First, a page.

The enzyme to be insolubilized is dissolved in distilled water. Where necessary, the pH of the water is adjusted by conventional methods to a level at which the enzyme is soluble. Appropriate pHs to use with any particular enzyme are described in the literature. In many cases a pH of about 3 to 7 is employed. It may further be noted that oftentimes the starting material already contains a buffer or other pH-adjusting agent so that when it is mixed with water the resulting dispersion will exhibit a pH at which the enzyme is most soluble. This is particularly the case with commerciallyavailable enzyme preparations. It is obvious that in such cases there is no need to apply any pH adjustment.
Following preparation of the aqueous solution of the starting material, a mechanical separation step such as filtration or decantation can be applied to remove fillers, debris, or other undissolved material.
Next, the aqueous dispersion of the starting enzyme is added to moist chitin. Generally, about 1-10 parts of crude enzyme per 100 parts of chitin are used. The mixture is gently agitated by conventional means such as shaking, stirring, or the like while being held for -10 minutes at a temperature of about 1 to 25 C. in order to cause the enzyme to be adsorbed on the chitin.
Having adsorbed the enzyme on the chitin, an aqueous solution of glutaraldehyde is added to the above suspension. The amount of glutaraldehyde is not critical. Usually, a large excess, e.g., -50 parts thereof per part of enzyme, is used; the unreacted residue is removed in a subsequent washing step.
The resulting mixture is held for a period of time to ensure formation of the enzyme-CG product. Usually, the mixture is held for a short period, about 30 minutes, at ambient temperature. Subsequently, the mixture is held for a period of about 8-24 hours in a cold room at about l10 C. However, a somewhat shorter holding period can be realized if the holding is conducted at temperatures between 10-25 C. The product is then collected by filtration and washed several times with distilled water to remove excess reagents. The soprepared enzyme-CG is then ready for use.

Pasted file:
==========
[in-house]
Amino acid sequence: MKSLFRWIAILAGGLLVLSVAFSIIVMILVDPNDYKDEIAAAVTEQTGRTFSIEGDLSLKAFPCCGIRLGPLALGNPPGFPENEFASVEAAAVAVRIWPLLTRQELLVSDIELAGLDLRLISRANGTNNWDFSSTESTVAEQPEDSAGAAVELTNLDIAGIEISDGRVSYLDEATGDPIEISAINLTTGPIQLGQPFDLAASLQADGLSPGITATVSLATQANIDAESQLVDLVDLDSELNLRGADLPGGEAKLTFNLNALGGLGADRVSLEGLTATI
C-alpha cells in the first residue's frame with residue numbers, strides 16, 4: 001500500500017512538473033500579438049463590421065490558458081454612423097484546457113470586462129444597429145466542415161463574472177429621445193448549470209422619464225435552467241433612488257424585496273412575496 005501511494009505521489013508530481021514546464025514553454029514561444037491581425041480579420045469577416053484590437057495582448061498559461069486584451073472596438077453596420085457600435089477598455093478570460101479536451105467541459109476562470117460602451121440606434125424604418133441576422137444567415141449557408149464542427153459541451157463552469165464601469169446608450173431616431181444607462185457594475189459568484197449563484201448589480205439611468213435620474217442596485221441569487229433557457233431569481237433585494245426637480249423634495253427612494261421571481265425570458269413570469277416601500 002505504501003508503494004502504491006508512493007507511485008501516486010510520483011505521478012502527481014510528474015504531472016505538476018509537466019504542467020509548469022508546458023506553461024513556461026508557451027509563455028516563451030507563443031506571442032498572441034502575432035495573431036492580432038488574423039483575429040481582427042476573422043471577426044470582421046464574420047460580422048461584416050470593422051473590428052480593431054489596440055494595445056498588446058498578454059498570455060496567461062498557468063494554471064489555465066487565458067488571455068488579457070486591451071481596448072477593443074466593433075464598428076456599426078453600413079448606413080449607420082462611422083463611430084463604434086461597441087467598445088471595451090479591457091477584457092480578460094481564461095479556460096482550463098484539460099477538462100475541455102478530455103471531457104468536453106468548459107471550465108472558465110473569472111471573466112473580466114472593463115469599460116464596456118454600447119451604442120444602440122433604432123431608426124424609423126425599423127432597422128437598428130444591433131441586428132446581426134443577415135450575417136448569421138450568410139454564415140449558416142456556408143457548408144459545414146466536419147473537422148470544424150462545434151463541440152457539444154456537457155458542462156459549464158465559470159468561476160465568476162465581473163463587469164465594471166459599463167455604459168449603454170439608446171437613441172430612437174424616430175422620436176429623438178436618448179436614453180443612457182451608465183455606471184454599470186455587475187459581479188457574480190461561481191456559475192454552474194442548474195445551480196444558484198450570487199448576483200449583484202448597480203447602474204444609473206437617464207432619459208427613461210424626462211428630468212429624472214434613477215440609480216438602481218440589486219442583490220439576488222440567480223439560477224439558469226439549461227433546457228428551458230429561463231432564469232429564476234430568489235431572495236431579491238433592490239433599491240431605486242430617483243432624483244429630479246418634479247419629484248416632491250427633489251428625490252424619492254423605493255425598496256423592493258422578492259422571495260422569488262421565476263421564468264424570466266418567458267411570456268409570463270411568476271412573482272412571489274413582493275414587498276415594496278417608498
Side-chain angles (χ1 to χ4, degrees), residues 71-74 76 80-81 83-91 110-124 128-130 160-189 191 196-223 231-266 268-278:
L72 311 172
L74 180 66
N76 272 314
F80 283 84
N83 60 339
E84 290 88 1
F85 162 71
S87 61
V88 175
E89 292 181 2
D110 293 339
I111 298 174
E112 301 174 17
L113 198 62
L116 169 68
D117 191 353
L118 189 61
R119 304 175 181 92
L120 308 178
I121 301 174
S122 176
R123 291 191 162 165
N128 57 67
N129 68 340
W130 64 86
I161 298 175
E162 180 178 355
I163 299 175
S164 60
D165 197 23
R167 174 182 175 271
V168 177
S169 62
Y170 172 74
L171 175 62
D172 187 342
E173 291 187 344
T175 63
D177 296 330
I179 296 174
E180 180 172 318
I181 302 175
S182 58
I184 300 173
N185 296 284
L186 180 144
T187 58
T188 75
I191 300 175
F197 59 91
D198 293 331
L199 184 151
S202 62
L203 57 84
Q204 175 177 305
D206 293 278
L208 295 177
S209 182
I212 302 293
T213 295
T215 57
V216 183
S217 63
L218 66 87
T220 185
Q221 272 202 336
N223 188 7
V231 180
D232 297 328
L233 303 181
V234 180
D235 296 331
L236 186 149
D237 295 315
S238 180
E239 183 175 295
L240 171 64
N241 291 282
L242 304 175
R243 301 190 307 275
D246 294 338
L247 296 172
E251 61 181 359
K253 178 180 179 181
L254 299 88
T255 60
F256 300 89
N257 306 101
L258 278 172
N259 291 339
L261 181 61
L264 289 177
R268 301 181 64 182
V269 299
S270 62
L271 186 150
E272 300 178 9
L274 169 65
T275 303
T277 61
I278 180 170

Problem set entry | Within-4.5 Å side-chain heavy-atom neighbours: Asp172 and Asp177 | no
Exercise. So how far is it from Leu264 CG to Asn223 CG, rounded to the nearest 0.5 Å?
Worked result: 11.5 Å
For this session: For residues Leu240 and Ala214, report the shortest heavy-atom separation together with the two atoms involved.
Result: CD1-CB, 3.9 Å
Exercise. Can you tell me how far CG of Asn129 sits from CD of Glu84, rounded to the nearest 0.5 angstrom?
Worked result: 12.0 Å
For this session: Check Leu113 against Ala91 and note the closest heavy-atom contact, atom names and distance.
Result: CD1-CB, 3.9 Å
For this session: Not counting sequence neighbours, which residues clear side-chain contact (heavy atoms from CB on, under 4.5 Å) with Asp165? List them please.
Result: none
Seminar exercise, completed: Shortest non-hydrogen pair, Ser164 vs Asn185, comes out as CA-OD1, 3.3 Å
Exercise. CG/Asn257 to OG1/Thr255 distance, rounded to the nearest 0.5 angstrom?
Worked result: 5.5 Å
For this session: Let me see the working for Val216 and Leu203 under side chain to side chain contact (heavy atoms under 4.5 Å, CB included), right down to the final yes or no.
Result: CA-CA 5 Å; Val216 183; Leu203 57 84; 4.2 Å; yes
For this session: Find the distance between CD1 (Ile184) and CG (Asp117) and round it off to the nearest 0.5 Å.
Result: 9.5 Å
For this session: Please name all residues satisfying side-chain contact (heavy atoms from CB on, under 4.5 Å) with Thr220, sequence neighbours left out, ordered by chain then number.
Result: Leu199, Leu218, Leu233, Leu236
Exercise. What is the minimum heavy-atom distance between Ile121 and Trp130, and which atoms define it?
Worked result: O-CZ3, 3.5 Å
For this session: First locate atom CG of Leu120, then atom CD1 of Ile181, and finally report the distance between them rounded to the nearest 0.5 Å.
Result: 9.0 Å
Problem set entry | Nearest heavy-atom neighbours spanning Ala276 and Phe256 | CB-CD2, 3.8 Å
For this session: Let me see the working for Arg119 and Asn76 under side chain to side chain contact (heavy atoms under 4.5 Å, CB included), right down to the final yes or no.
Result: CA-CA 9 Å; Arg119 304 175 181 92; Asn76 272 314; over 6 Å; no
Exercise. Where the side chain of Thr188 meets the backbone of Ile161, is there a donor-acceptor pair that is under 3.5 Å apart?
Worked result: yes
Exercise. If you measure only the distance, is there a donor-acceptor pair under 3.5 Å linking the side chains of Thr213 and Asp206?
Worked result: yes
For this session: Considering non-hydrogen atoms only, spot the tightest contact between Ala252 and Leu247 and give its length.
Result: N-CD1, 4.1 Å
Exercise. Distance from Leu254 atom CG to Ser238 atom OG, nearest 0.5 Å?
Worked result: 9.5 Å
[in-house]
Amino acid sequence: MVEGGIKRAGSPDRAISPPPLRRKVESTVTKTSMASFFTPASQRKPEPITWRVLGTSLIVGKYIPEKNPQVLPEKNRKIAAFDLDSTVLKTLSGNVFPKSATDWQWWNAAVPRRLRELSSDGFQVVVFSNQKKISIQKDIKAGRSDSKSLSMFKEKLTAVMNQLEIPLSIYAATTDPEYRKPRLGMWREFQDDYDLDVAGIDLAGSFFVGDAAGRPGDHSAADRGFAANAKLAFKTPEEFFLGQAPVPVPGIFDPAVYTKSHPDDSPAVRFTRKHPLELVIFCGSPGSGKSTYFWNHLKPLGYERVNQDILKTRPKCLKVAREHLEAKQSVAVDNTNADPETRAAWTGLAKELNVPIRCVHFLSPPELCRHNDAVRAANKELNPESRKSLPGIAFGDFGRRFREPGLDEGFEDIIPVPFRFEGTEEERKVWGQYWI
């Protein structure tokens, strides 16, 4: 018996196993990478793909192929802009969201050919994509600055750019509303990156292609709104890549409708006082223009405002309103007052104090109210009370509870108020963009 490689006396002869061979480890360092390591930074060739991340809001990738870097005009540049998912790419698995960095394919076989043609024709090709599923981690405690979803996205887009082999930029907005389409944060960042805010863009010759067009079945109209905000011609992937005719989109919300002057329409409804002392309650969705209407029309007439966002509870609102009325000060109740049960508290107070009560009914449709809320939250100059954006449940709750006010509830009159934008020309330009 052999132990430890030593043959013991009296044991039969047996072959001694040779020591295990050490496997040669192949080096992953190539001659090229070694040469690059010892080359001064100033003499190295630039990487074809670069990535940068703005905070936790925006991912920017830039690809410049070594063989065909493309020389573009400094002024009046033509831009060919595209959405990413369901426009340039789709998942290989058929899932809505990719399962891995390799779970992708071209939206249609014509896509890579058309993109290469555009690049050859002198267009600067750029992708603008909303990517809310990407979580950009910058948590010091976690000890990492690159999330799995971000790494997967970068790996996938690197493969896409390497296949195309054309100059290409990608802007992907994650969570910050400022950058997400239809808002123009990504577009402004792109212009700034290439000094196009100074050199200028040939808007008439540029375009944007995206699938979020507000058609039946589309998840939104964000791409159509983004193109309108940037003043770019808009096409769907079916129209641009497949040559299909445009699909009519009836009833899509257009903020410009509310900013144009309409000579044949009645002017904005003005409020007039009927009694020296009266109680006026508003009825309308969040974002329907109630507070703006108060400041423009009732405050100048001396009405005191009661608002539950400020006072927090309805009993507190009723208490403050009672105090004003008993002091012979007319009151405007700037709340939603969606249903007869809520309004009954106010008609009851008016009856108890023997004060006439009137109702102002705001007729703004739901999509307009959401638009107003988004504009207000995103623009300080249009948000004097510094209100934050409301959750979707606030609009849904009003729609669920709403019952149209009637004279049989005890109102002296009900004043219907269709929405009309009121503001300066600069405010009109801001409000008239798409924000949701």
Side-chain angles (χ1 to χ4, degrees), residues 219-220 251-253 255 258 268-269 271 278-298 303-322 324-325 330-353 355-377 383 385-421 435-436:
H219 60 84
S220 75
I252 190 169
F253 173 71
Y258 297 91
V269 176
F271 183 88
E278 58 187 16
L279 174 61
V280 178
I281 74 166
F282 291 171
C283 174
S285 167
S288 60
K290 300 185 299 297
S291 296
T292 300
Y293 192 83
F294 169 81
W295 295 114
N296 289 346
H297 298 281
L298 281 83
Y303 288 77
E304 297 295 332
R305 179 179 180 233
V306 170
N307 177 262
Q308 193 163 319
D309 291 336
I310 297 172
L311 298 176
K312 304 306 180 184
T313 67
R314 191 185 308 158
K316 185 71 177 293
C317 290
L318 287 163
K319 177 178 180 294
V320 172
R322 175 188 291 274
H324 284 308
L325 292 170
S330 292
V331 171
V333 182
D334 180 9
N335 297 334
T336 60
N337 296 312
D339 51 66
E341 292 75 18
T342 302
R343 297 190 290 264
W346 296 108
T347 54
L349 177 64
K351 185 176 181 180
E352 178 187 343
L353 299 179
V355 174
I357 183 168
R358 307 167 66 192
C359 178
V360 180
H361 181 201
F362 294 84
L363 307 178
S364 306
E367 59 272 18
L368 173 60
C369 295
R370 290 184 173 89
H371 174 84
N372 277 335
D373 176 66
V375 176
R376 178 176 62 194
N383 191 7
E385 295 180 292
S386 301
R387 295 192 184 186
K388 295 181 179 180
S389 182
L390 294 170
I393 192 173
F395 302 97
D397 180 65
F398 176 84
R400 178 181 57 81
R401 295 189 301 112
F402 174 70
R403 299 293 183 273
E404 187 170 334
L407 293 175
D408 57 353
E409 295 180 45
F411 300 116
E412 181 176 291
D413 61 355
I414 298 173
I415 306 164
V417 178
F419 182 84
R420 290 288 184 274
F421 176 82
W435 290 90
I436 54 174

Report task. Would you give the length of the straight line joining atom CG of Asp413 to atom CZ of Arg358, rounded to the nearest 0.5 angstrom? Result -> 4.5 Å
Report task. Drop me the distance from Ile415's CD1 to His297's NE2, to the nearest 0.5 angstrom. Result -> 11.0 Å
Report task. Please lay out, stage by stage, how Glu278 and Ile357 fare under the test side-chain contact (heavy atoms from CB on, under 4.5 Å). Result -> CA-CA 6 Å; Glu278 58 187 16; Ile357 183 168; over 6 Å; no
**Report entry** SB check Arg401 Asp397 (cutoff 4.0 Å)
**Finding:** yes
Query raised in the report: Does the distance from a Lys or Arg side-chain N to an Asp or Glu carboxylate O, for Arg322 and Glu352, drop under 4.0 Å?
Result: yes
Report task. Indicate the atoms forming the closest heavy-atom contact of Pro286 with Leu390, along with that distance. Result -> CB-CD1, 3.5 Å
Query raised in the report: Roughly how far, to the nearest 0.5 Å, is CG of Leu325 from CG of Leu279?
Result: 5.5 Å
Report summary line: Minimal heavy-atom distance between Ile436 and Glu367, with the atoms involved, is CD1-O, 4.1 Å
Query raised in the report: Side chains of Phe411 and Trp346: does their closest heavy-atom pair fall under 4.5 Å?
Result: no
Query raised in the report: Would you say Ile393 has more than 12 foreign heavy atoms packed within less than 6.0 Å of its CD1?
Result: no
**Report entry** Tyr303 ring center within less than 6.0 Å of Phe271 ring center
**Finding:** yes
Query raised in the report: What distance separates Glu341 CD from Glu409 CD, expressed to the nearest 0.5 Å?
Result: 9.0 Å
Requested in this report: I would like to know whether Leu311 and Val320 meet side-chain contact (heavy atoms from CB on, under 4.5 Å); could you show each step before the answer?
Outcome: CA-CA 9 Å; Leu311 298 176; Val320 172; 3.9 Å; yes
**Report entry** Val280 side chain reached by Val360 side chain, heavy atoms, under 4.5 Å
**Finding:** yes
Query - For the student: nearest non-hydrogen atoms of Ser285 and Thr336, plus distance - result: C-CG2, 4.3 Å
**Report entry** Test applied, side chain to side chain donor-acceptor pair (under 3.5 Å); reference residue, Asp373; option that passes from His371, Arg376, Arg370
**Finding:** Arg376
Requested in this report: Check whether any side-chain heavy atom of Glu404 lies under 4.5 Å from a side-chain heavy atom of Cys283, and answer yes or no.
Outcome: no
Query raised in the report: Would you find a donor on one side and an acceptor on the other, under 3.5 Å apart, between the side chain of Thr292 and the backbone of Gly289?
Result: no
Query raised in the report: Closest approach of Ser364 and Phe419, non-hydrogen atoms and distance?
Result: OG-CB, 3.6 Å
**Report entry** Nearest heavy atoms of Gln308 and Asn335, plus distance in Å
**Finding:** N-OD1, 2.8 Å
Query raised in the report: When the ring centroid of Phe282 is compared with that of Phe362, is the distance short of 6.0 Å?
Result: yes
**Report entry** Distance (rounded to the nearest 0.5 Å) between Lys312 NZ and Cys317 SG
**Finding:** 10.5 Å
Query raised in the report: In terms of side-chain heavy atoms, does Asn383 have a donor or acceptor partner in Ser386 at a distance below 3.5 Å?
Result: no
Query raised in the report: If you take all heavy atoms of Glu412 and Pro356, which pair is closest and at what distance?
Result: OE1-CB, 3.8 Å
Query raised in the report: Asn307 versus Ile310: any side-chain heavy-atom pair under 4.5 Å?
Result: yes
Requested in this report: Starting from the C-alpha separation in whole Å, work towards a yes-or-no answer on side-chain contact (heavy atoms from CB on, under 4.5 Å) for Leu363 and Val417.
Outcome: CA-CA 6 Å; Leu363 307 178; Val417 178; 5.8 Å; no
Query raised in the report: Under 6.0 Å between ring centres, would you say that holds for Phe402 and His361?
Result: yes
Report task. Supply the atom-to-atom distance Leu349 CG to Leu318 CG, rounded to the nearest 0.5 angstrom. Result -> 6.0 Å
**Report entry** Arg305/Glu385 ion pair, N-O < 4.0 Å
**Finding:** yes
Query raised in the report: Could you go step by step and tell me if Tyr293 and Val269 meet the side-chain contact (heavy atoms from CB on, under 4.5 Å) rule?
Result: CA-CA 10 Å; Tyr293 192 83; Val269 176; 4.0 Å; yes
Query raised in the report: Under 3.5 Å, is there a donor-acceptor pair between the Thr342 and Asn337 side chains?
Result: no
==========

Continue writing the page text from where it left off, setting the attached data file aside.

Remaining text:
Usually, the starting enzyme contains inactive proteins and it is desirable to remove these from the final product. To this end, the enzyme-CG is washed with distilled water for a long period, e.g., about minutes. It is then soaked sequentially in (a) several volumes of 10-15% aqueous sodium chloride, (b) a potassium acetate buffer at pH 7, and, finally, (c) a potassium acetate buffer at a pH whereat the enzymeCG exhibits maximum activity. The so-prepared and purified enzyme- CO is collected by filtration and is ready for use.
The invention is of wide versatility and can be applied to enzymes of all kinds, illustrative examples being alcohol dehydrogenase, amino acid oxidase, aand B-amylases, arginase, asparaginase, catalase, cellulase, chymotrypsin, collagenase, deoxyribonuclease, diaphorase, elastin, emulsin, ficin, glucose oxidase, histidase, hyaluronidase, invertase, lactase, peroxidase, phosphatases lipase, lipoxidase, lysozyme, papain, chymopapain, pepsin, pectin methyl esterase, polyphenol oxidase, rennin, ribonuclease, trypsin, tyrosinase, urease, etc. The starting enzyme need not be a purified substance but may be a preparation containing an enzyme. Thus, for example, one may employ microbial preparations which contain enzymes, typically, cultures or cells of yeasts, molds, bacteria, and the like. Other enzyme-containing preparations which may be applied to the process of the invention are such materials as animal organs, e.g., pancreas, liver, etc., insects and insect parts, barley malt, pineapple, papaya, etc.
The products of the invention can be utilized in a variety of ways. A few examples are provided below by way of illustration and not limitation.
One particular application of the invention concerns the disposition of whey, the watery part of milk left over from cheese manufacture. Currently, whey is discarded into rivers, lakes, and other bodies of water with detrimental effects on the environment. the biological oxygen demand (referred to in the art as B.O.D.) of the water is raised, thus producing an imbalance in nature. As corrective legislation is enacted, companies will be forced to pay a high price for disposal of whey by other means.